EDINBURGH — At the Venice Architecture Biennale in 2016, one country’s pavilion stood out. Presented by Aileen Sage Architects, the insightful and enjoyable offering from Australia was dedicated, as the blurb on the wall stated, to “a bridge between people … a well-known public space, where the personal and the communal intersect”: the swimming pool. An angular, shallow wood-paneled pool cleverly abutted a full-length window that looked down onto the canal running through the Giardini. The installation highlighted how swimming pools and water are a crucial part of our lives, not only for the pleasure and sustenance they provide, but for the way they connect us to architecture and nature.
I was reminded of this when I saw “Gateway,” the most recent work by the Portuguese artist Joana Vasconcelos at Jupiter Artland, a breathtaking 120-acre sculpture park on the outskirts of Edinburgh, Scotland. (Other artists who have contributed permanent site-specific installations here over the past few years include Cornelia Parker, Anish Kapoor, Antony Gormley, Laura Ford, Ian Hamilton Finlay, Phyllida Barlow, Marc Quinn, Anya Gallaccio, Charles Jencks, and Andy Goldsworthy.)
Even on a gray-skied Scottish day, “Gateway” conjures joy and warmth. Measuring 9 meters (nearly 30 feet) in diameter at its widest point, the installation is, in essence, a colorful, fully functioning swimming pool. It’s made from 11,366 one-off hand-painted tiles, meticulously produced in a traditional ceramic workshop in Portugal; up close, you can see the individual brushstrokes on each one.
The overall design is based on the shape of a splash. Six tiled paddle-like arms of various sizes stretch out from the circular pool of water. On the paddles and at the bottom of the pool are ribbons, swirls, and spirals of bright orange, red, pink, purple, blue, and yellow, mimicking the ripples and cross-currents of waves and creating a striking iridescence on the water’s surface. Each line of color weaves through the paddles and eventually into the water; you can pick one to follow like a yellow-brick road. Scorched black bricks, arranged in a beautiful parquet pattern, frame the pool. Fanciful topiary mounds and two wrought iron gates enclose the whole area, like a secret garden.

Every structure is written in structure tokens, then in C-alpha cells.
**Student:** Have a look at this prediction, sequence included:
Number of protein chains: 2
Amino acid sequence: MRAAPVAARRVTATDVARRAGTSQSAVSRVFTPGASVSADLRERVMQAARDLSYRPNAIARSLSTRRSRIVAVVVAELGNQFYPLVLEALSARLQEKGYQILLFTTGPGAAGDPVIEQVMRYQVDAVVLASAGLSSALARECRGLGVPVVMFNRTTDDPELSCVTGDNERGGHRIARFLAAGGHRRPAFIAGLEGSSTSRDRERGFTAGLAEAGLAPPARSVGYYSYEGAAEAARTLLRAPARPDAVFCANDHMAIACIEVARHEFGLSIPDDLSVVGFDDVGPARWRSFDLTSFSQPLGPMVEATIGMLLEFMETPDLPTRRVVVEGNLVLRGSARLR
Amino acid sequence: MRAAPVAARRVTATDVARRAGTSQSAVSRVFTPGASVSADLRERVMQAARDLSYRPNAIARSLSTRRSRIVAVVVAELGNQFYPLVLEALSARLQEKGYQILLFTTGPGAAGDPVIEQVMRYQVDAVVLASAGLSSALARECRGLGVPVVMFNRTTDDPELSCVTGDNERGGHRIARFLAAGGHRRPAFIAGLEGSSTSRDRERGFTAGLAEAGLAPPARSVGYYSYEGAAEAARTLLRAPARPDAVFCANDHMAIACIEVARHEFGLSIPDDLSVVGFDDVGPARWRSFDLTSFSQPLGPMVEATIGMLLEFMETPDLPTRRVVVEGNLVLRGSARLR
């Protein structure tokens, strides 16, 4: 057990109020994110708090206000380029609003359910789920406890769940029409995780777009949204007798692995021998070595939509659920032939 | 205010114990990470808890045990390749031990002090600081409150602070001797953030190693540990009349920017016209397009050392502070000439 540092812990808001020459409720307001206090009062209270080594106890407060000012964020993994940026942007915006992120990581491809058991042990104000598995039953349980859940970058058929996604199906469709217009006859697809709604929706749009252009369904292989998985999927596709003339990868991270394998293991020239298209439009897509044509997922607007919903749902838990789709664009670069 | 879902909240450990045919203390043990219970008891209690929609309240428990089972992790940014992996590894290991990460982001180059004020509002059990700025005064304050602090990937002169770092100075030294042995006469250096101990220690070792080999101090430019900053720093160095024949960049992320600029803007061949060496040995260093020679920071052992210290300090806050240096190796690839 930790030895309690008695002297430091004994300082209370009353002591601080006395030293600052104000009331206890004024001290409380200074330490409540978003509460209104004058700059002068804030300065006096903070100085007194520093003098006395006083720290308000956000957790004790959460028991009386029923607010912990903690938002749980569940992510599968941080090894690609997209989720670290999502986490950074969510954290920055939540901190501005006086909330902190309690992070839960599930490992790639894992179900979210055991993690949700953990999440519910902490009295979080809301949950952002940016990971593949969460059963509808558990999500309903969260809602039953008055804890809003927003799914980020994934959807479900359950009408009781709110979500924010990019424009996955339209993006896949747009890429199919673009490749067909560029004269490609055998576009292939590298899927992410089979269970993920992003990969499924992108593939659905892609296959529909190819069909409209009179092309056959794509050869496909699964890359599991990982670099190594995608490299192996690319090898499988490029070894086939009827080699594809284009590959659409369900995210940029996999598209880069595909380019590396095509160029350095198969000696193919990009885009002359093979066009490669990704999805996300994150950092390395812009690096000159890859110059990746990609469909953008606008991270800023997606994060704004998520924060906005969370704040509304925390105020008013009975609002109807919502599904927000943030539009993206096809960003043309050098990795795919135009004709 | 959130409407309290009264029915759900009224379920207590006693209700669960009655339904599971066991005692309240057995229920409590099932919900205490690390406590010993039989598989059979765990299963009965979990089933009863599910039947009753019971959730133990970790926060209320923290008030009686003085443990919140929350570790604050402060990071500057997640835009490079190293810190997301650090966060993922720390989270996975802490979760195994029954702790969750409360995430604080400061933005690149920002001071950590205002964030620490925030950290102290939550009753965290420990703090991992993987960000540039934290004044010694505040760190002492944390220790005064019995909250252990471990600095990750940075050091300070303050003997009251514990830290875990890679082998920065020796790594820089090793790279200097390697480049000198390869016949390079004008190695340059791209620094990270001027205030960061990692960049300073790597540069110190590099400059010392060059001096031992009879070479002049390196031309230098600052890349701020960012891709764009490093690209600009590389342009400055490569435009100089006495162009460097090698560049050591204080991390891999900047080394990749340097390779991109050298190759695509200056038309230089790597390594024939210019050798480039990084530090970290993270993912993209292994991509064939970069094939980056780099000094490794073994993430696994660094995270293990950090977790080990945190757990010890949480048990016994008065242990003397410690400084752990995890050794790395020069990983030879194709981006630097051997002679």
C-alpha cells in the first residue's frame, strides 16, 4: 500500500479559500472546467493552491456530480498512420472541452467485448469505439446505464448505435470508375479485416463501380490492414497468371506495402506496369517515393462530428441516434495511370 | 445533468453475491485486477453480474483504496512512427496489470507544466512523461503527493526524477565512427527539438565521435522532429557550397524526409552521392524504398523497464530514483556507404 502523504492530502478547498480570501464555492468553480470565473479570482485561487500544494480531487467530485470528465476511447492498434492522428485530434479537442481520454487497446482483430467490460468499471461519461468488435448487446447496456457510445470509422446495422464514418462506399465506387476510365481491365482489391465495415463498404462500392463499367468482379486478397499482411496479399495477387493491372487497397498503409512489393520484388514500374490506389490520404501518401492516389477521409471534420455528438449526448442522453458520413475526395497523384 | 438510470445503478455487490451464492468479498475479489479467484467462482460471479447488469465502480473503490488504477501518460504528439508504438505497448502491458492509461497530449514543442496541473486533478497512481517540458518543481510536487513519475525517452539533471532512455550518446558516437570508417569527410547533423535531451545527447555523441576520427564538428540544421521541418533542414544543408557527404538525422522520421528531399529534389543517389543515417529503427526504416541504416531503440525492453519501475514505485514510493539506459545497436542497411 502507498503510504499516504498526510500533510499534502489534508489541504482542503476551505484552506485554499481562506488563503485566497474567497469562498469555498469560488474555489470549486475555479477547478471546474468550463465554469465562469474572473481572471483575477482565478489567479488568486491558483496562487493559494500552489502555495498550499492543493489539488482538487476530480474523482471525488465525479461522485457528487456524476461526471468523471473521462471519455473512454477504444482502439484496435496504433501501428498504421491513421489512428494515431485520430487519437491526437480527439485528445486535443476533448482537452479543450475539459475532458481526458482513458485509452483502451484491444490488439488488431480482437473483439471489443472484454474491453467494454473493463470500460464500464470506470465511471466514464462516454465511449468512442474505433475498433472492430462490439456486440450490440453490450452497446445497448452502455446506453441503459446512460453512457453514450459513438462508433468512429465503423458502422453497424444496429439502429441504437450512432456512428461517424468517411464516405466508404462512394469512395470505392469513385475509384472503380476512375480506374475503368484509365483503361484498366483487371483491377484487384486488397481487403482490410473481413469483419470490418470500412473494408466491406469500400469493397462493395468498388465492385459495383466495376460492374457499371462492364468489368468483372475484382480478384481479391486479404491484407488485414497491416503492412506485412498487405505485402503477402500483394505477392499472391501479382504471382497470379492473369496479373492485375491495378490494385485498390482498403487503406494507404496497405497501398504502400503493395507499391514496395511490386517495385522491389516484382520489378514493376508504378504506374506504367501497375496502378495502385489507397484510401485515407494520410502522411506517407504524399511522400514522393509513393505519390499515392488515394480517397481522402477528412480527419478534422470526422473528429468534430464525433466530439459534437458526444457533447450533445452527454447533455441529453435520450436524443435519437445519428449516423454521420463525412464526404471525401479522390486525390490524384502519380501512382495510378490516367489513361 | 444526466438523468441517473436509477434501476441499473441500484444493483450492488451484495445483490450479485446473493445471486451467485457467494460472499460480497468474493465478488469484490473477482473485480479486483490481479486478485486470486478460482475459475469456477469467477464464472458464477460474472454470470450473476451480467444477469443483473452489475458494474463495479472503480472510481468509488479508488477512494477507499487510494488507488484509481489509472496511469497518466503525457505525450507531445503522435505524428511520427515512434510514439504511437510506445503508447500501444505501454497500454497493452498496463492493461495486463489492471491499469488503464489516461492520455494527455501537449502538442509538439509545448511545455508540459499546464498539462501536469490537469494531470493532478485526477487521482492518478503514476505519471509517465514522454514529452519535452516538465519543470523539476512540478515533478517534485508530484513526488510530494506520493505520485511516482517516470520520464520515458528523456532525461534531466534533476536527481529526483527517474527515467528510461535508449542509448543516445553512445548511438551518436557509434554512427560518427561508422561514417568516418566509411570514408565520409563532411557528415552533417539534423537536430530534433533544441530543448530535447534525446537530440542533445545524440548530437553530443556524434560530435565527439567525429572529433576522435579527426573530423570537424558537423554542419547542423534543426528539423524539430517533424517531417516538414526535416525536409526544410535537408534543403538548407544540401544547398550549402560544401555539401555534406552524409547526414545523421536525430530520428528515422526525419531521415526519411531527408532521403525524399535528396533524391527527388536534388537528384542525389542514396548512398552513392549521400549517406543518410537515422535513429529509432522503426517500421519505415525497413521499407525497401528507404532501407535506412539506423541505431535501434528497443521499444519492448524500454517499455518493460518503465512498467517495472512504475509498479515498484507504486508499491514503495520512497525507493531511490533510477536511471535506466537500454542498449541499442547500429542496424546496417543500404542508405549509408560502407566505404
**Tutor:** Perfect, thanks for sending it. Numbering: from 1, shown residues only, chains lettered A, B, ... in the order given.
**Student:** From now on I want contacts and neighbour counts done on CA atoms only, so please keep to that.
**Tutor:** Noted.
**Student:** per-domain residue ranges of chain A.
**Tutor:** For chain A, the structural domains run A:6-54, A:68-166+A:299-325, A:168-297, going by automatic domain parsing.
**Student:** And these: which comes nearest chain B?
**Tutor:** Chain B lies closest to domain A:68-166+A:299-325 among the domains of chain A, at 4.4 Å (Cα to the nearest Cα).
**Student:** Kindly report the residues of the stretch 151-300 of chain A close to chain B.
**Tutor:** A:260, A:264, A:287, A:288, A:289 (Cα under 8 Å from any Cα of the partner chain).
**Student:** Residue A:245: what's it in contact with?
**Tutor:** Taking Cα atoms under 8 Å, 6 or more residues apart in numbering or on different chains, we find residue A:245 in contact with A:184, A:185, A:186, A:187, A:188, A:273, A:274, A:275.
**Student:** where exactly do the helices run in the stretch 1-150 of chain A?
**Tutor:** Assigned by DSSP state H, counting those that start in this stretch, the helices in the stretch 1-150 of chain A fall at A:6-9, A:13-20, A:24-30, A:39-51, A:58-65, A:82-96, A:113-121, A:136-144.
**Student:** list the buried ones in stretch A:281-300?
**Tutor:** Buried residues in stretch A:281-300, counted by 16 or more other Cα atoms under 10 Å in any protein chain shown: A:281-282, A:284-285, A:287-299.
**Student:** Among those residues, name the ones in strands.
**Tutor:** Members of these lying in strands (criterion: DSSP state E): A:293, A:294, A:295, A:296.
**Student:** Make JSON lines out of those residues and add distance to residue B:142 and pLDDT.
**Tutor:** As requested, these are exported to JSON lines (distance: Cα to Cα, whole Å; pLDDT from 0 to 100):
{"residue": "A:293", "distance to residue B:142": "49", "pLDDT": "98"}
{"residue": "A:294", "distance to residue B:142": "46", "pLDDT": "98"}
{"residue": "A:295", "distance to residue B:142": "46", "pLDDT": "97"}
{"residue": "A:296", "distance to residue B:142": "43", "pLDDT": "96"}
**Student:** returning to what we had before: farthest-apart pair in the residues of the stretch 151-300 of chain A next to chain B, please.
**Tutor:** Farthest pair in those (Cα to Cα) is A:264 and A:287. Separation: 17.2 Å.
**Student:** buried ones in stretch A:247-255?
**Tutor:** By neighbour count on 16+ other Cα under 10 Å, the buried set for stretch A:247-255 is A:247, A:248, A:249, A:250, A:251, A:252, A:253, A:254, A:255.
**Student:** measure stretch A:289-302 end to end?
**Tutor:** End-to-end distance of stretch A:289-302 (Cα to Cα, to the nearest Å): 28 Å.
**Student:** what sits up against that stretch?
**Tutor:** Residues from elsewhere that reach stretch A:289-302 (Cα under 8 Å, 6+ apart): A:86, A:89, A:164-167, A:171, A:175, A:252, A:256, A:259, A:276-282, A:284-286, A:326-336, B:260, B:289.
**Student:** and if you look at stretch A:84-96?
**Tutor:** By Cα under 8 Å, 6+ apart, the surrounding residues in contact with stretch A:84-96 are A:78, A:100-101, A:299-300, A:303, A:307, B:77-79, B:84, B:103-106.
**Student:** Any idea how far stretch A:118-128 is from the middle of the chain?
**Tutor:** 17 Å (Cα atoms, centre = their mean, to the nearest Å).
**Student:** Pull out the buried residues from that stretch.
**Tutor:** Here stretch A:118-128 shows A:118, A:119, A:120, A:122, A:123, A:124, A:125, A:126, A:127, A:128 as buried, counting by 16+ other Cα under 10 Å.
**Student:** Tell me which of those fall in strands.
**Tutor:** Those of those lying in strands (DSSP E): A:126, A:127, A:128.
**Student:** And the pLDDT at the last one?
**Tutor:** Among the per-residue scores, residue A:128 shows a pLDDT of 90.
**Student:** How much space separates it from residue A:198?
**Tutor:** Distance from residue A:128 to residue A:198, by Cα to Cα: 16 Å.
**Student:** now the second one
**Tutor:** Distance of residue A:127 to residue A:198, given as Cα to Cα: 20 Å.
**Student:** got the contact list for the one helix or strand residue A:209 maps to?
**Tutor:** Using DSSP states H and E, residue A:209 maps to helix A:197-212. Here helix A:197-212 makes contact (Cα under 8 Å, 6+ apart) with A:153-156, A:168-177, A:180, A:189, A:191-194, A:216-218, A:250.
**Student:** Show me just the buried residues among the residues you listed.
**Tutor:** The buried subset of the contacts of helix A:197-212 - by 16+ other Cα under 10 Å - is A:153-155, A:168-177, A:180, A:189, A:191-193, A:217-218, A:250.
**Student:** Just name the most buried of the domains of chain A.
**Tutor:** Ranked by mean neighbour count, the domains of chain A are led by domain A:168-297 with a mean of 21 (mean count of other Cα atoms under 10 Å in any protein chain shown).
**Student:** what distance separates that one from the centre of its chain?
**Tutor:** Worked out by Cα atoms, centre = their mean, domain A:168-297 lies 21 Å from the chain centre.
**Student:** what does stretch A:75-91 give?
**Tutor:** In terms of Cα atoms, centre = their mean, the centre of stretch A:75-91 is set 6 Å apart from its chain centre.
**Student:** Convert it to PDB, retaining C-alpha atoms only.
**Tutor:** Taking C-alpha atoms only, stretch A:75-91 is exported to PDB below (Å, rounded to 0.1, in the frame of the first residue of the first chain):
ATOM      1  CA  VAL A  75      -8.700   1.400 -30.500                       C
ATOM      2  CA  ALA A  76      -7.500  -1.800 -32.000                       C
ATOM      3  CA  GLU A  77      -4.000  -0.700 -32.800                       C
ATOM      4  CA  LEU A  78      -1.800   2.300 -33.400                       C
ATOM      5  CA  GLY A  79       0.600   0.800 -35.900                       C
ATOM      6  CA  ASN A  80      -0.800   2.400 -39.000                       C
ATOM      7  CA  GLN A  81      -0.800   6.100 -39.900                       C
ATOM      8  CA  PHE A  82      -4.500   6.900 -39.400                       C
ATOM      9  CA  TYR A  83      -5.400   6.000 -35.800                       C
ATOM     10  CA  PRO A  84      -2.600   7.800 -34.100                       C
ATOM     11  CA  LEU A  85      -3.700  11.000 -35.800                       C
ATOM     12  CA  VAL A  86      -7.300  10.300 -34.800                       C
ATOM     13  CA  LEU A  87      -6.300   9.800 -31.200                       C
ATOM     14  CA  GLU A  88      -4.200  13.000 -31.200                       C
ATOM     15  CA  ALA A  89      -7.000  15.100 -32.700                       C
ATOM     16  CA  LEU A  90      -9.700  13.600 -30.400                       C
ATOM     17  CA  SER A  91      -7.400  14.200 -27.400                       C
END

Vasconcelos first caught international attention at the 51st Venice Art Biennale in 2005 with her provocative sculpture “A Noiva (The Bride),” a five-meter-high by two-meter-wide chandelier made from thousands of white tampons. Last year, she had a temporary indoor show at Jupiter Artland (also called Gateway), where her monumental and adventurous installations again candidly addressed subjects such as femininity, gender inequality, immigration, and craftsmanship: “Coração Independente Vermelho (Red Independent Heart),” for example, is a large heart-shaped sculpture constructed from intricately filigreed red plastic cutlery. For the exhibition, it rotated inside the opulent ballroom of Bonnington House, the orange-plastered Jacobean manor on the estate of Jupiter Artland.